Cannabis And Bipolar Disorder: Remedy Or Trigger? Here’s What Patients And Stoners Have To Say

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source: Malaysiakini

Late last year, the Malaysian government followed in the footsteps of other countries and began pushing for a radical evolution in the face of today’s health resources and economy: medical marijuana, to be utilized as a form of alternative medication to treat physical illnesses, such as Parkinson’s disease.

According to cannabis-related research on a global scale, the drug is capable of combatting several ailments. Muar MP Syed Saddiq has also spotlighted the legalization of cannabis, following the arrest of Nasyid singer Yasin Sulaiman, who was allegedly taking the drug to alleviate his symptoms as a Bipolar patient.

Several netizens have come to the defence of the convicted as well upon learning about his mental condition, while experts continue to debate on whether cannabis as a direct cure is a myth or fact.

Bipolar disorder, also known as manic depression, is a mental condition characterised by conflicting emotions as well as changes in sleep, energy, reasoning, and actions. It has an impact on work, school, interrelations, physical wellbeing, and many other areas of daily life.

Researchers have yet to discover the true origin of bipolar disorder, let alone a cure. It can, however, be treated with a combination of different treatments, such as medication to prevent episodes of mania and depression, known as mood stabilizers.

Cannabis is used by many people with bipolar disorder to try to relieve their episodes. Many sources report the substance is advantageous based on anecdotal evidence, but scientific proof is lacking.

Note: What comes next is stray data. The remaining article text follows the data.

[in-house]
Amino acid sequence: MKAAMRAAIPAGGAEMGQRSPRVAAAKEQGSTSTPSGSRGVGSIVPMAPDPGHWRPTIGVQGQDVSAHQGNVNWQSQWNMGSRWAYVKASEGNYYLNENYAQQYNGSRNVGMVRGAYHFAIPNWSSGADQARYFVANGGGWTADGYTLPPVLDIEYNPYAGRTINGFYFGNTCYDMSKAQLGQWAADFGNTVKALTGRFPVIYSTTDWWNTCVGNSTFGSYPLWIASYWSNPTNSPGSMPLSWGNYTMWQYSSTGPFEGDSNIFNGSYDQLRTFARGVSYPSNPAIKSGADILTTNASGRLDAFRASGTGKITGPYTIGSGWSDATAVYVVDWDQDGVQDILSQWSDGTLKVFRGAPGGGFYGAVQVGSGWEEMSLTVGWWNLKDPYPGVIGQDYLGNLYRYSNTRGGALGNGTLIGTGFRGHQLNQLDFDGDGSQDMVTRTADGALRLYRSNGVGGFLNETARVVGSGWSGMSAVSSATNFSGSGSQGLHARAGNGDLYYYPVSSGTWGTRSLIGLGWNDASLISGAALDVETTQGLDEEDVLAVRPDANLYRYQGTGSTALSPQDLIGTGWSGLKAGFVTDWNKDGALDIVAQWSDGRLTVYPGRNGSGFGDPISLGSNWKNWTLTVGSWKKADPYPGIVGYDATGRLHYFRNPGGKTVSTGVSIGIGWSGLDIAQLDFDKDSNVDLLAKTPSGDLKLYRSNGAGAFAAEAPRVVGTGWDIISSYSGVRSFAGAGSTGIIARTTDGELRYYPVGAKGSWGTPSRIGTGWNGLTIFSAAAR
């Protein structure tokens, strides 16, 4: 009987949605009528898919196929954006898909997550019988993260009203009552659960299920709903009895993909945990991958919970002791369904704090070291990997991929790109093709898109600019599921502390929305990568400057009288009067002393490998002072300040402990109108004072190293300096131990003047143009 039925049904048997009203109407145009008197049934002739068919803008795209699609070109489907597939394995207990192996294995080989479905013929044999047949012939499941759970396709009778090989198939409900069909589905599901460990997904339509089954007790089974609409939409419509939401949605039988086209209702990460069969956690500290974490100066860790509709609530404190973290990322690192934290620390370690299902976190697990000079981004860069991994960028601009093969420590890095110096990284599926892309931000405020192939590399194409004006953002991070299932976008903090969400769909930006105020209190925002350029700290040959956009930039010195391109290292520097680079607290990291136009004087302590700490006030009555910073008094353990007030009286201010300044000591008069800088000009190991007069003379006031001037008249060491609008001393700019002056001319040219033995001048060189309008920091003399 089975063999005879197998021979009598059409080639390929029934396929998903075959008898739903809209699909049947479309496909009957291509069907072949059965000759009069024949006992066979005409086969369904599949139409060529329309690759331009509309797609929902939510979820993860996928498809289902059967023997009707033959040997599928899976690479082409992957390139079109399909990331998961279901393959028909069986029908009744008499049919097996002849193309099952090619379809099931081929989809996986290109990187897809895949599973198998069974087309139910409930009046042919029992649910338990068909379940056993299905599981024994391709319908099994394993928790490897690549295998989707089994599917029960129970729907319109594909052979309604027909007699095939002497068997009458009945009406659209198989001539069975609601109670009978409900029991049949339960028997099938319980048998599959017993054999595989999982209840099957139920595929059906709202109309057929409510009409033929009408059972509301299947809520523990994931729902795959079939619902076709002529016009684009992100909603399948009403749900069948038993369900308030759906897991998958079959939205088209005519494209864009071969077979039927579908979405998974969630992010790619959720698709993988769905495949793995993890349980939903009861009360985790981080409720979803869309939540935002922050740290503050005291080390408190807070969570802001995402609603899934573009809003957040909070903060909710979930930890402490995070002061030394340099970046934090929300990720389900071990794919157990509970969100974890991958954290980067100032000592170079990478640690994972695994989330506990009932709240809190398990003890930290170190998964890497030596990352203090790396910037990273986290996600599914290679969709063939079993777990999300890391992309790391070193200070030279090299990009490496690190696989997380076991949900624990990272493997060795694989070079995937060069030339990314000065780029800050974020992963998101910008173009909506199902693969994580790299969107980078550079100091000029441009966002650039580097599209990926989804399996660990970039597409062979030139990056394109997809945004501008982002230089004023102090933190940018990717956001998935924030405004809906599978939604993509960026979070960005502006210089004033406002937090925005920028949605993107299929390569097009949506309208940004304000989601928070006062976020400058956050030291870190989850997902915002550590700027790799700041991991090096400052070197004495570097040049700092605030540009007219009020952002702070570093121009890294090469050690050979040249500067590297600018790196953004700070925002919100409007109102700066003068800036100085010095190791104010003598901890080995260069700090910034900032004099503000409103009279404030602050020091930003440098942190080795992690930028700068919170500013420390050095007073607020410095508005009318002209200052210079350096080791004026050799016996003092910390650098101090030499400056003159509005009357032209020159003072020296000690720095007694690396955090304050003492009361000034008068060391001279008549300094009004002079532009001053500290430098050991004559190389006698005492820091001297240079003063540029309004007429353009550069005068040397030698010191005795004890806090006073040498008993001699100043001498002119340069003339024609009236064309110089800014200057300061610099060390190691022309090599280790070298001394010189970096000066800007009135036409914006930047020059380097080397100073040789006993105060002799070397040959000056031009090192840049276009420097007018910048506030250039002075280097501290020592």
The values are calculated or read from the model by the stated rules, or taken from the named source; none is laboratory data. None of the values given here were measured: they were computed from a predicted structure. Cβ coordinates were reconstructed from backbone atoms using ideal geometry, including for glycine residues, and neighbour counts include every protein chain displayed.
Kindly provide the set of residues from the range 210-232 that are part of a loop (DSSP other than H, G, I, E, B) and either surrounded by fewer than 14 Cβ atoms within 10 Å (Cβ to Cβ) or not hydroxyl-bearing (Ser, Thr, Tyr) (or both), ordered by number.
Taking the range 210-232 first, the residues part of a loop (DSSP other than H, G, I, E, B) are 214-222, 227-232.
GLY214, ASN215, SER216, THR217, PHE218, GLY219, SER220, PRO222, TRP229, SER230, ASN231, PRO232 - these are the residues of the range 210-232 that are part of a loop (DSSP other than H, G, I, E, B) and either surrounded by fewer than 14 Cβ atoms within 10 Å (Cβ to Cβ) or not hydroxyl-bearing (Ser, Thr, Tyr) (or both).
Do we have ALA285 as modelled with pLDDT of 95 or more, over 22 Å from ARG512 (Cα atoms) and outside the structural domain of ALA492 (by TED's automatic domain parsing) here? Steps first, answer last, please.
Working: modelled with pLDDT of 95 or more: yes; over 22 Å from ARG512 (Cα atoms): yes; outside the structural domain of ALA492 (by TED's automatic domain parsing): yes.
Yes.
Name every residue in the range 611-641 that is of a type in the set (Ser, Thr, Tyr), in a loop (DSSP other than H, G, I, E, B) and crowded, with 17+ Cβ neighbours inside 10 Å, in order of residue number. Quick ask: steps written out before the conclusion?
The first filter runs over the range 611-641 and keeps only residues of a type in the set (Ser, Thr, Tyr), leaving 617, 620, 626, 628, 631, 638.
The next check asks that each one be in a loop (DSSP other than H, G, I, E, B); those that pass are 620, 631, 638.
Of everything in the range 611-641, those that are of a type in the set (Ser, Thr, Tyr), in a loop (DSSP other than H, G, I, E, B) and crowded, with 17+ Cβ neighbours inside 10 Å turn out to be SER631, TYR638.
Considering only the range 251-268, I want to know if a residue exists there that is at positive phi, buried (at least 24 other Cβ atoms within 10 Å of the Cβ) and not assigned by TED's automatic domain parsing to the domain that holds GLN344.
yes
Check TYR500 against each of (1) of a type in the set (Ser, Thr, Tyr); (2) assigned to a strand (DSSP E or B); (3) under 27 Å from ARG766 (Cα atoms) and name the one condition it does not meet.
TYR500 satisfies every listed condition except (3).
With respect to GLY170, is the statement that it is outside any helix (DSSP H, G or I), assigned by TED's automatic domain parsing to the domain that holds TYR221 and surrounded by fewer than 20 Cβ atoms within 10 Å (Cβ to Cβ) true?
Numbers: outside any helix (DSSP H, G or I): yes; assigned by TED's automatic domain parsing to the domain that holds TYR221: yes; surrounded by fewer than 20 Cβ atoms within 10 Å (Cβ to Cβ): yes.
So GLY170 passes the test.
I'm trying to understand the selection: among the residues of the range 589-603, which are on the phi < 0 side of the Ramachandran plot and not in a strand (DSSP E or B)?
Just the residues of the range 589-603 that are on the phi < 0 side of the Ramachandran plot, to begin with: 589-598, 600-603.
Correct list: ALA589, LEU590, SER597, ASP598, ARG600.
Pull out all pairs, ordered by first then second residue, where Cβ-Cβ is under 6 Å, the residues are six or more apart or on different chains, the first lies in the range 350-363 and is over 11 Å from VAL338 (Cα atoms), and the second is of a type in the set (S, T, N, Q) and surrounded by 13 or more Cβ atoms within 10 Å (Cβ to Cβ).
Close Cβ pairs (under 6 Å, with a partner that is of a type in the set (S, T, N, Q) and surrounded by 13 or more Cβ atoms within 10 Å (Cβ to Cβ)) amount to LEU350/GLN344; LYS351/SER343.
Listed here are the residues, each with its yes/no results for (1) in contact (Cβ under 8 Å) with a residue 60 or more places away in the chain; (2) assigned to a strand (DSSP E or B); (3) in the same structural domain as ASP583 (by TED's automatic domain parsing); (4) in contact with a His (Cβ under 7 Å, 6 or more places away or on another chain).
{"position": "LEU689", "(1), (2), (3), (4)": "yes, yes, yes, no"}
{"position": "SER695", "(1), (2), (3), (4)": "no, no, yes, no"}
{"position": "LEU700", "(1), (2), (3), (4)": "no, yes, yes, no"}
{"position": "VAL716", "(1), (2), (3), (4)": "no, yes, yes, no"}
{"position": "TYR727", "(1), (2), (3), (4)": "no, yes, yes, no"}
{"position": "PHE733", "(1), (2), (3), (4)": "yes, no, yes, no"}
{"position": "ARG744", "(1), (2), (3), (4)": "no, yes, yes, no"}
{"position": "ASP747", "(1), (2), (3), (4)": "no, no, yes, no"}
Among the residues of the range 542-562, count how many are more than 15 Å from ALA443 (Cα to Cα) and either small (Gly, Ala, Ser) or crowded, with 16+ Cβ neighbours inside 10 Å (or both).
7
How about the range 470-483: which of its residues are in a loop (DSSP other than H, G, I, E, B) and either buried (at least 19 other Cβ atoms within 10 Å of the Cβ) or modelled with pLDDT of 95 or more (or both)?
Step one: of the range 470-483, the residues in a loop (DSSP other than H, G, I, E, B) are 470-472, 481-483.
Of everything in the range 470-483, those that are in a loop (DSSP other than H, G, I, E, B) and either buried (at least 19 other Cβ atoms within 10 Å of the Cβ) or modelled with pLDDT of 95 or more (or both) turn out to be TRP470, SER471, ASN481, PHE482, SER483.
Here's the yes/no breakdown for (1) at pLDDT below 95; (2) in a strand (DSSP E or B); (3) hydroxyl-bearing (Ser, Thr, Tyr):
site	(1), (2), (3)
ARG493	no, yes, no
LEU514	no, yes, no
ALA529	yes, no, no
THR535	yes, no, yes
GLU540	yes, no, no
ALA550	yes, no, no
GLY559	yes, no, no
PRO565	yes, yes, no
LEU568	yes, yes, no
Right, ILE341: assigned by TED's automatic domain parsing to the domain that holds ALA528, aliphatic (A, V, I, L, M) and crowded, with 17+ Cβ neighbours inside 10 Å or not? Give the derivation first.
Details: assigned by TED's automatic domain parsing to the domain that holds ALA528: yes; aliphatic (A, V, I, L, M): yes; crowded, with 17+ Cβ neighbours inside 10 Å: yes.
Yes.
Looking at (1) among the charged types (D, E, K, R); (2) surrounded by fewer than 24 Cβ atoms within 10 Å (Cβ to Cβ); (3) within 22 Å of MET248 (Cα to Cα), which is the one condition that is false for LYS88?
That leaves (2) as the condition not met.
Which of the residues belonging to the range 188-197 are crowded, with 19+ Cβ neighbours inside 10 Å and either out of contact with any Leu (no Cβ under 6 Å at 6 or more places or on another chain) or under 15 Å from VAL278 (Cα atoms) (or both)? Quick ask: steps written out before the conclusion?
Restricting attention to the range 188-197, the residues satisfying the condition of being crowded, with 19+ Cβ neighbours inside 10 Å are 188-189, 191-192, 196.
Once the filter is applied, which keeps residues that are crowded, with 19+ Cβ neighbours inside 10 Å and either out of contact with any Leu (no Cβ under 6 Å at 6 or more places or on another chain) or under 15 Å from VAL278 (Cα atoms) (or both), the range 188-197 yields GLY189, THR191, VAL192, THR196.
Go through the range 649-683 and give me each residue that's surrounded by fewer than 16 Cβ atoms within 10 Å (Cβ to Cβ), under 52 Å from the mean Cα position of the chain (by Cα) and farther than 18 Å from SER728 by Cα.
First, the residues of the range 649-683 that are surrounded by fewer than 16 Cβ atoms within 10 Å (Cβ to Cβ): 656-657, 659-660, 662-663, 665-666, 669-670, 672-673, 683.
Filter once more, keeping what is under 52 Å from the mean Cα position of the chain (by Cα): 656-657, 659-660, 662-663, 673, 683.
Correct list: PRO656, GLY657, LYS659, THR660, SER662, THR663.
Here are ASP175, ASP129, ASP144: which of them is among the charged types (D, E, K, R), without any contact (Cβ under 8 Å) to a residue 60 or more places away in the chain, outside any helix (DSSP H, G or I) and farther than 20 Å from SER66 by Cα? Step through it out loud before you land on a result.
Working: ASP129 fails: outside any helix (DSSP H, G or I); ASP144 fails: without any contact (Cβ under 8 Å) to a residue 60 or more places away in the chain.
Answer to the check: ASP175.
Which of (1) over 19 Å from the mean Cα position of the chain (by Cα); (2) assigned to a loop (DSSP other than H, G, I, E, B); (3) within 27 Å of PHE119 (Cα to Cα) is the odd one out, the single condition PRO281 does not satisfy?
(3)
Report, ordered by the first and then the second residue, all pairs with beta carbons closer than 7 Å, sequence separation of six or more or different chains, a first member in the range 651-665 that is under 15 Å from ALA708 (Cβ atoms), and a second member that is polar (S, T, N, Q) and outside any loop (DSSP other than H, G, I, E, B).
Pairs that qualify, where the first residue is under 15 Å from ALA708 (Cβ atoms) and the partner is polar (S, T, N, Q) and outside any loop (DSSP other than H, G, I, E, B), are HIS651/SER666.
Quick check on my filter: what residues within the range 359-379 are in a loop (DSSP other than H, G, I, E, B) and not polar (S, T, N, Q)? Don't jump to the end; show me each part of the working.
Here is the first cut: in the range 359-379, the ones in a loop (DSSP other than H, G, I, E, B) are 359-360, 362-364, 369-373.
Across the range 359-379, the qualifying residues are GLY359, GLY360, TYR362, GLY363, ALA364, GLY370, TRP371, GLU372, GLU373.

source: Neon Joint

The cannabis plant contains over 500 different chemical compounds. The most well-known of these cannabinoids are delta-9-tetrahydrocannabinol (THC) and cannabidiol (CBD).

THC induces the “high” that several people equate with cannabis use, whereas CBD is picking up steam as an alternate solution for a variety of conditions, including some psychological disorders. It is also important to note that many studies on the effect of cannabis on bipolar disorder have focused on the use of THC.

The Alcohol and Drug Abuse Institute published a review of internal studies undertaken to investigate the relationship between bipolar disorder and cannabis in 2017. (ADAI).

According to the report, there is a link between cannabis use and the following health problems:

  • Developing bipolar disorder at a younger age, longer or worse manic episodes
  • Increased risk of suicidal ideation
  • Accelerated cycling or abrupt transition from manic to depressive episodes
  • Suicidal behaviours in THC-addicted individuals
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So is cannabis an effective and reliable cure for bipolar disorder? Is it advisable long-term, considering the amount of adverse results recorded thus far? Is it even safe as a temporary measure?

Let’s see what patients and stoners have to say.

While some have said that the drug does allow them to sleep better or build up an appetite, many have unanimously agreed on experiencing an uneasy sensation commonly referred to as a ‘weed bipolar’, whereby the consumer faces withdrawal symptoms similar to those of actual bipolar patients.

With multiple conflicting perspectives in the eyes of patients, stoners, and experts, it seems like there’s only one shared opinion in the mix- that it all depends on the person. While this means that certain patients may be able to find comfort in cannabis use, the risks are far too perilous to be directly recommended by physicians for now.

Of course, authorizing the drug for non-recreational use also begs the concern of misuse and legal restrictions.

It’s also worth mentioning that patients who are readily under medication or mood stabilizers, for bipolar disorder or otherwise, seem to react negatively to cannabis, worsening their symptoms rather than curbing them.